Alternatively, venous catheters intended for percutaneous CPB may be used. Westaby (22) suggested that in cases where IVC drainage alone does not provide adequate venous return, adding a 32F cannula inserted into the SVC via a cut-down in the right internal jugular vein is effective. In contrast, Flege and Wolf (23) described using the right internal jugular vein as the sole source of venous drainage for conduct of CPB using percutaneously placed 21F 20-cm-long femoral arterial catheters (Medtronic DLP, Inc.) advanced into the RA and augmented venous drainage. Bicaval femoral venous cannulas (29F and 33F) are available (Medtronic DLP, Inc.) that allow drainage of the SVC and IVC while isolating the RA by snaring the SVC and IVC around the cannula (24).

Persistent left superior vena cava

An LSVC is present in about 0.3% to 0.5% of the general population but in 2% to 10% of patients with congenital heart disease and in up to 40% when such patients have abnormal sinus. It usually drains into the coronary sinus and then into the RA (25–28). In about 10% of cases, usually associated with other congenital heart disease, the LSVC drains into the left atrium. In some cases, there are defects in the wall between the coronary sinus and the left atrium permitting intercommunication between the left atrium and RA (e.g., coronary sinus type atrial septal defect).

The presence of an LSVC should be suspected when a large coronary sinus is noted on echocardiography (differential diagnosis includes right-sided venous hypertension, tricuspid regurgitation, and stenosis of the ostium of the coronary sinus) (29). Sometimes the LSVC itself can be seen on echocardiography posteriorly and laterally to the left atrium above the atrio-ventricular groove beside the aorta. Its presence can be confirmed by injection of agitated saline echocontrast into a left arm vein and noting passage into the coronary sinus before its arrival into the RA. The surgeon should suspect an LSVC when the (left) innominate vein is small or absent.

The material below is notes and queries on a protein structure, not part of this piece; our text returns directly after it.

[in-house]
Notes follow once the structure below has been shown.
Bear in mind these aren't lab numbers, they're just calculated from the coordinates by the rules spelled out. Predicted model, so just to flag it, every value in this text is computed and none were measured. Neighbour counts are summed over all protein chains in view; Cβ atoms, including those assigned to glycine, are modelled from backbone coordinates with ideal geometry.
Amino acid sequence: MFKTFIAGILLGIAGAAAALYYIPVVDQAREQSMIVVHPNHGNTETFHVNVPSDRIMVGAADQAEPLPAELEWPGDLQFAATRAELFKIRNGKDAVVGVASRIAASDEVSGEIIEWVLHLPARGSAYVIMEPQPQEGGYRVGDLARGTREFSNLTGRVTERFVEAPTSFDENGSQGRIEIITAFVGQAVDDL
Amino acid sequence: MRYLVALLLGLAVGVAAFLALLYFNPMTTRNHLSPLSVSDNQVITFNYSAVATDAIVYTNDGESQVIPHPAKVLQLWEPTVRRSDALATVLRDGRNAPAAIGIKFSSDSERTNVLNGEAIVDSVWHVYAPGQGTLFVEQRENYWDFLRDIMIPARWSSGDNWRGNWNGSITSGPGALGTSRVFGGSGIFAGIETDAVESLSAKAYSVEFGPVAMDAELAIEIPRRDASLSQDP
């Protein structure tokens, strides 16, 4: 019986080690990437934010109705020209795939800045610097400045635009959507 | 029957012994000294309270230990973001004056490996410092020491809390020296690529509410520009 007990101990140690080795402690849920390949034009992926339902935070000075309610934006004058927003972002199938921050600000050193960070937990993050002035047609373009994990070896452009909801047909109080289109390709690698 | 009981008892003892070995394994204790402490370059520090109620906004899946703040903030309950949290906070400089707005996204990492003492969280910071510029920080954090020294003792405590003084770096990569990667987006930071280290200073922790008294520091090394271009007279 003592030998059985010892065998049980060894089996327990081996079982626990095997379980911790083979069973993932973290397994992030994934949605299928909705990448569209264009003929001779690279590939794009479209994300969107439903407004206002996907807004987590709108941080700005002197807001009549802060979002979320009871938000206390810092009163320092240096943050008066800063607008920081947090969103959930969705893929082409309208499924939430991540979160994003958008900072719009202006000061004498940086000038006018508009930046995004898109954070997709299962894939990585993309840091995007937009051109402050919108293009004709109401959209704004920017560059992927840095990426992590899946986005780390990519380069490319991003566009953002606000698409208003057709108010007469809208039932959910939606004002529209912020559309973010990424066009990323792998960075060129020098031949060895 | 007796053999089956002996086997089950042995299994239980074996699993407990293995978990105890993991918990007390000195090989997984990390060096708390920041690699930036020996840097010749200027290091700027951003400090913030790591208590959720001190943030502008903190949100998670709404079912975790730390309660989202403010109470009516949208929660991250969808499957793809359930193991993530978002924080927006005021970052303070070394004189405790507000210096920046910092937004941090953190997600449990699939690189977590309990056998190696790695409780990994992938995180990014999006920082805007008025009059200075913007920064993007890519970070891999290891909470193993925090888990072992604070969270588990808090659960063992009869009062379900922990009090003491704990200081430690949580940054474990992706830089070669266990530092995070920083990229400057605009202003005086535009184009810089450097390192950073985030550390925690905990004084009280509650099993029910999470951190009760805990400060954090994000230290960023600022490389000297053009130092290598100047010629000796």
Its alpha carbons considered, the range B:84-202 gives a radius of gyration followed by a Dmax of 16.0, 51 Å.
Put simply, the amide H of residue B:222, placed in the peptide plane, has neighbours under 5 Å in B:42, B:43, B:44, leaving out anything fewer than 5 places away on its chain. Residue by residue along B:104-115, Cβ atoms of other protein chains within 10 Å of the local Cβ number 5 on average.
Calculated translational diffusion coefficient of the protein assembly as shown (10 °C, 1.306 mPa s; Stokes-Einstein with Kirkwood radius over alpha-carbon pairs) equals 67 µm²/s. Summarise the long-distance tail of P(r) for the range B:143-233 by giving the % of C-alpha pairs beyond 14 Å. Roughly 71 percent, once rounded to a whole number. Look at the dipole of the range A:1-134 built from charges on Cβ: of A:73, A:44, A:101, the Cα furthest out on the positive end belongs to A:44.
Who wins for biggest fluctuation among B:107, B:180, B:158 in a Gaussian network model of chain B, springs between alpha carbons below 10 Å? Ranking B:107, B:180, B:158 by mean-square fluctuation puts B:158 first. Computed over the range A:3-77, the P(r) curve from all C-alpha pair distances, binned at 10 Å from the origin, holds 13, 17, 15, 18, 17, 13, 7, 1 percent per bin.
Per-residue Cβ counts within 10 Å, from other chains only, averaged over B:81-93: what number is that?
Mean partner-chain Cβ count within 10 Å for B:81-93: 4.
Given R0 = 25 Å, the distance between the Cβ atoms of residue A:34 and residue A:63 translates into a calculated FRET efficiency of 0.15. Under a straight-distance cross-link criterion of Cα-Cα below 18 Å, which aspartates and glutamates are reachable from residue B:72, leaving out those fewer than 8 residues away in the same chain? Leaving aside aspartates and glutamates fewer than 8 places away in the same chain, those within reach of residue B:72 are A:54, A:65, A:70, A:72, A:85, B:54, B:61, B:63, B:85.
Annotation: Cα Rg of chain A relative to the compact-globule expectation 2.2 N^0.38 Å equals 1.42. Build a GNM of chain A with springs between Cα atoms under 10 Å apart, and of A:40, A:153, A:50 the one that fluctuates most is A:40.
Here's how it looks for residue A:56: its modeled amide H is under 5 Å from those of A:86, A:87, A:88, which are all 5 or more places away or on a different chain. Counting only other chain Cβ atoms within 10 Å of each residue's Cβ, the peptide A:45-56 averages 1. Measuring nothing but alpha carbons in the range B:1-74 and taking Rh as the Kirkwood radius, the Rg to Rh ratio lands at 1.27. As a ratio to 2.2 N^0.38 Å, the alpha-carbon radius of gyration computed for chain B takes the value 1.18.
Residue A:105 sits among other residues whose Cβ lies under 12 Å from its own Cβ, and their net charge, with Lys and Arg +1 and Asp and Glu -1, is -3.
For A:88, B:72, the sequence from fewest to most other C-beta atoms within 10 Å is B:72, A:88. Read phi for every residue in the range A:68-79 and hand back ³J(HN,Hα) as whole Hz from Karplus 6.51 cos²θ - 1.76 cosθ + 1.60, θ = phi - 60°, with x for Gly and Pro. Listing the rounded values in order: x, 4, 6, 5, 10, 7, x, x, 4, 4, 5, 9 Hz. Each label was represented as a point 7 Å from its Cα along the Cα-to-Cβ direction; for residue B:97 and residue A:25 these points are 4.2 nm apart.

The presence of an LSVC poses a number of problems during cardiac surgery. It may confuse and complicate passage of a pulmonary artery catheter or interfere with administration of retrograde cardioplegic solution (30). The latter is difficult because the coronary sinus is usually quite large in this circumstance and thus the balloon on the retrograde catheter does not seal and cardioplegic solution leaks into the RA. Furthermore, the cardioplegic solution may run off into the persistent LSVC, and the cardioplegic solution will be diluted with systemic venous blood draining down the LSVC. Patients with this anomaly may be more prone to atrial tachycardia and may have other congenital cardiac abnormalities. Finally, the presence of an LSVC poses obvious problems if the right heart is to be entered or with right heart decompression and adequacy of venous return if bicaval cannulation is used because of the flow of the additional systemic venous blood into the RA.

If the right heart is not going to be opened and a single or two-staged venous cannula is used for venous drainage and retrograde cardioplegia is not used, the presence of an LSVC poses no problems. If the right heart needs to be entered, several options are available. If an adequately sized innominate vein is present (true in about 30% of cases), the LSVC can simply be occluded during CPB. However, one must be wary of the rare possibility of the associated anomaly of atresia of the coronary sinus, in which case the LSVC provides the main outlet for cardiac venous drainage and occlusion of the LSVC could injure the myocardium (31). This condition should be suspected if the coronary sinus is not enlarged and by failure of echocontrast injected in the left arm or LSVC from entering the RA via the coronary sinus during TEE. Another obvious circumstance, in which the LSVC cannot be occluded despite the presence of an adequately sized innominate vein, is when there is associated absence of the right SVC (true in about 20% of cases).